I’m late talking about this, but I want to make sure I capture it for historical purposes. I suspect, in years to come, some of us will be interested in tracing which decisions were made when and by whom as the direct comic retail market changed in unforeseen ways.
Last last month, Diamond declared that it would be drastically cutting back on reorders for periodicals. Anything deemed such could only be ordered for 60 days (2 months) after the initial release date.
Then, Christopher Butcher brought news that over 1000 Viz manga volumes would no longer be able to be backordered through Diamond. Diamond was selling them off, at discount prices, and if in future retailers were still interested in stocking earlier books in the series — which included such titles as Prince of Tennis, Crimson Hero, Case Closed, Phoenix, and Drifting Classroom — they’d have to get them elsewhere.
Putting these two pieces of information together suggests to me that regardless of the manga digest format resembling a book, Diamond clearly sees these series as periodicals, and they’re not interested in maintaining deep backlists in manga (or anything else). Looking at the full list at Butcher’s site, I see some completed series I enjoyed (such as Aishiteruze Baby and Sensual Phrase), but mostly, I see books that never clicked with me (getting Hot Gimmick off shelves is a blessing) or I lost interest in.
So I don’t have a passionate hatred for this decision … I’m almost in sympathy with retailer Brian Hibbs, who flatly says these books don’t sell. (A sentiment echoed by some of Butcher’s commenters.) However, I do like Inubaka: Crazy for Dogs, and including modern classic Maison Ikkoku is just dumb, although I can see how it would appear old-fashioned to some readers.
What does disturb me is that it appears that, from the comments of a Viz spokesperson, Diamond made this decision unilaterally. But then, many of their customers have mixed feelings about manga at best. While the format is one of the huge success stories for comics over the past decade, that success has come in bookstores, not comic stores. Many comic shop retailers are in the business because they love it, so they stock what they’re interested in, and many just aren’t interested. It’s a very wide-ranging product line, so it takes knowledge and effort to stock it wisely, and some stores don’t have the inclination or talent to do so. Then there’s the audience for it — some stores still have issues with serving female teenagers, seeing them as not “real” fans or intruders into the comic boys’ club.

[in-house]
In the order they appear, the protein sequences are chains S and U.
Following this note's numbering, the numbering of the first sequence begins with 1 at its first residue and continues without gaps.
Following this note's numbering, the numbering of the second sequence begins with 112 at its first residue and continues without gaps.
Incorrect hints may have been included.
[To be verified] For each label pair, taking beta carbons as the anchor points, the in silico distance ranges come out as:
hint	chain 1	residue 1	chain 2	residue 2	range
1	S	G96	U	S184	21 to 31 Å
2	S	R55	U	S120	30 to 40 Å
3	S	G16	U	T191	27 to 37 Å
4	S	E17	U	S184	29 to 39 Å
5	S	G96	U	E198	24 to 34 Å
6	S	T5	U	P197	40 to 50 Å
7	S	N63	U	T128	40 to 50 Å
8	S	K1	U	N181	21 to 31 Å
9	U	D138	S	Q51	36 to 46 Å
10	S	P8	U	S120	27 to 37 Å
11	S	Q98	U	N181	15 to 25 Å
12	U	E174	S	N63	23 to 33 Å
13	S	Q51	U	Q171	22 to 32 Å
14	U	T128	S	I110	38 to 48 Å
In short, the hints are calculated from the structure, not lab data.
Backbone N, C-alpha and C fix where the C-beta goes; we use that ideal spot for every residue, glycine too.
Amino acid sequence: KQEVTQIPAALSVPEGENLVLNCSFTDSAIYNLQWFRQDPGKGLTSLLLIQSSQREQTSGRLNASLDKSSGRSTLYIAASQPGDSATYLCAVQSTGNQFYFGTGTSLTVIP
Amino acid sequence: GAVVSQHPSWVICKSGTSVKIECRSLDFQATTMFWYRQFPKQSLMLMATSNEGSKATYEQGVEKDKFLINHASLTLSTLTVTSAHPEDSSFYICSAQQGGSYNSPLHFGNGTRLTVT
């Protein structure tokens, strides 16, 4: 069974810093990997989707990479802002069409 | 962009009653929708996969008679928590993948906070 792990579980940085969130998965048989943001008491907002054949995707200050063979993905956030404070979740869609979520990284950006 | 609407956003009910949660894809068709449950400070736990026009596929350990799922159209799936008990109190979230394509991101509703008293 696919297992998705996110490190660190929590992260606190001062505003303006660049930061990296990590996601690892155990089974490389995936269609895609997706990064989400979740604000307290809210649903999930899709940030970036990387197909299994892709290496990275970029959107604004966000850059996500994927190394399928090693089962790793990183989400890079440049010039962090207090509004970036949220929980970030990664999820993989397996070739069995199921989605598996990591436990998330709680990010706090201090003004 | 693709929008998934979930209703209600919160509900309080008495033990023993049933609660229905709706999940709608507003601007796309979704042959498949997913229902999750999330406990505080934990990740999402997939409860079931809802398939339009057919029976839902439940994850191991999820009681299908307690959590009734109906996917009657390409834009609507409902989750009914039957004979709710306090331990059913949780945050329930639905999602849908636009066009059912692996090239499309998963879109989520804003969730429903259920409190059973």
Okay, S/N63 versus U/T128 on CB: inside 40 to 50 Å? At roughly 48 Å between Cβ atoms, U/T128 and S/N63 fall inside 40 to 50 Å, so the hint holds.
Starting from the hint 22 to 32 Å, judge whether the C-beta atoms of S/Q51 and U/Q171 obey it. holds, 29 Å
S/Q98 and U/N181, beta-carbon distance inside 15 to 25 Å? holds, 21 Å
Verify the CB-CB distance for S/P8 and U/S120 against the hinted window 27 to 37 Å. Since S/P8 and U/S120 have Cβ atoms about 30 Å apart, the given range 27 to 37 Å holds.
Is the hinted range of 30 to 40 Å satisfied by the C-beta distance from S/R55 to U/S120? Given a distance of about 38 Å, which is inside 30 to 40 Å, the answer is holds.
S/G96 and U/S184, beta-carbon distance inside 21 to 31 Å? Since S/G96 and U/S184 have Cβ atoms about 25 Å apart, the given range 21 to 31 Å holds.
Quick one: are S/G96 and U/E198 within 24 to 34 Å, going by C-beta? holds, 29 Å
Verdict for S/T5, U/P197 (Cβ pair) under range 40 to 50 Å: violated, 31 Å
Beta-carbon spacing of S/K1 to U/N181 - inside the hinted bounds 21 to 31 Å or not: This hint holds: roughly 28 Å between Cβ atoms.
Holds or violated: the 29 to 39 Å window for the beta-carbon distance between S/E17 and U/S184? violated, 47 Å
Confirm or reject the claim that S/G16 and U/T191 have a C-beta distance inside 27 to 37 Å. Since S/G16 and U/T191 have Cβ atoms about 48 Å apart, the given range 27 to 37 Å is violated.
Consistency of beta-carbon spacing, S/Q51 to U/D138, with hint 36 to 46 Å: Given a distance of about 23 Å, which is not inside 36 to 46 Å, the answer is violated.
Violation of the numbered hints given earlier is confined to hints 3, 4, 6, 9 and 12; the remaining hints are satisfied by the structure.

In the bigger picture, there’s also the problem of sheer quantity. If a store wanted to be a complete provider, how would they store and display these 1000 volumes, even with just one of each? And that’s just one publisher, albeit the biggest North American manga publisher.
Perhaps Diamond is correct in viewing the audience for manga as looking forward, more interested in picking up new books than looking backwards to trying finished series. Does the window for attention for the manga reader work that way?
In tough times, retailers want to drive sales now. Giving customers a push to make them buy instead of putting off a purchase for later (which may or may not ever come) makes sense for them. Is Diamond trying to train customers to buy now instead of waiting for later by shortening the purchase window? Diamond is trying to face the future, selling what’s hot now, and ignoring what came out more than 3 months ago. That fits in well with the mindset of its biggest suppliers, DC and Marvel, who are always pushing something new, and if their customers have very short memories, well, all the better, since that way they won’t realize that this month’s “new” is just a poor copy of the new six months ago.
Good retailers who want to keep providing these books to their customers (which frequently include schools and libraries, who buy in batches instead of weekly) already have other distribution sources. If Diamond doesn’t want that business, because they think it’s not worth the trouble and doesn’t suit their view of the market, well, their loss. It’s the opposite of Amazon’s “long tail” strategy, which involves using technology to stock more than their competitors, for the long term, but maybe Diamond knows they have different kinds of competition these days.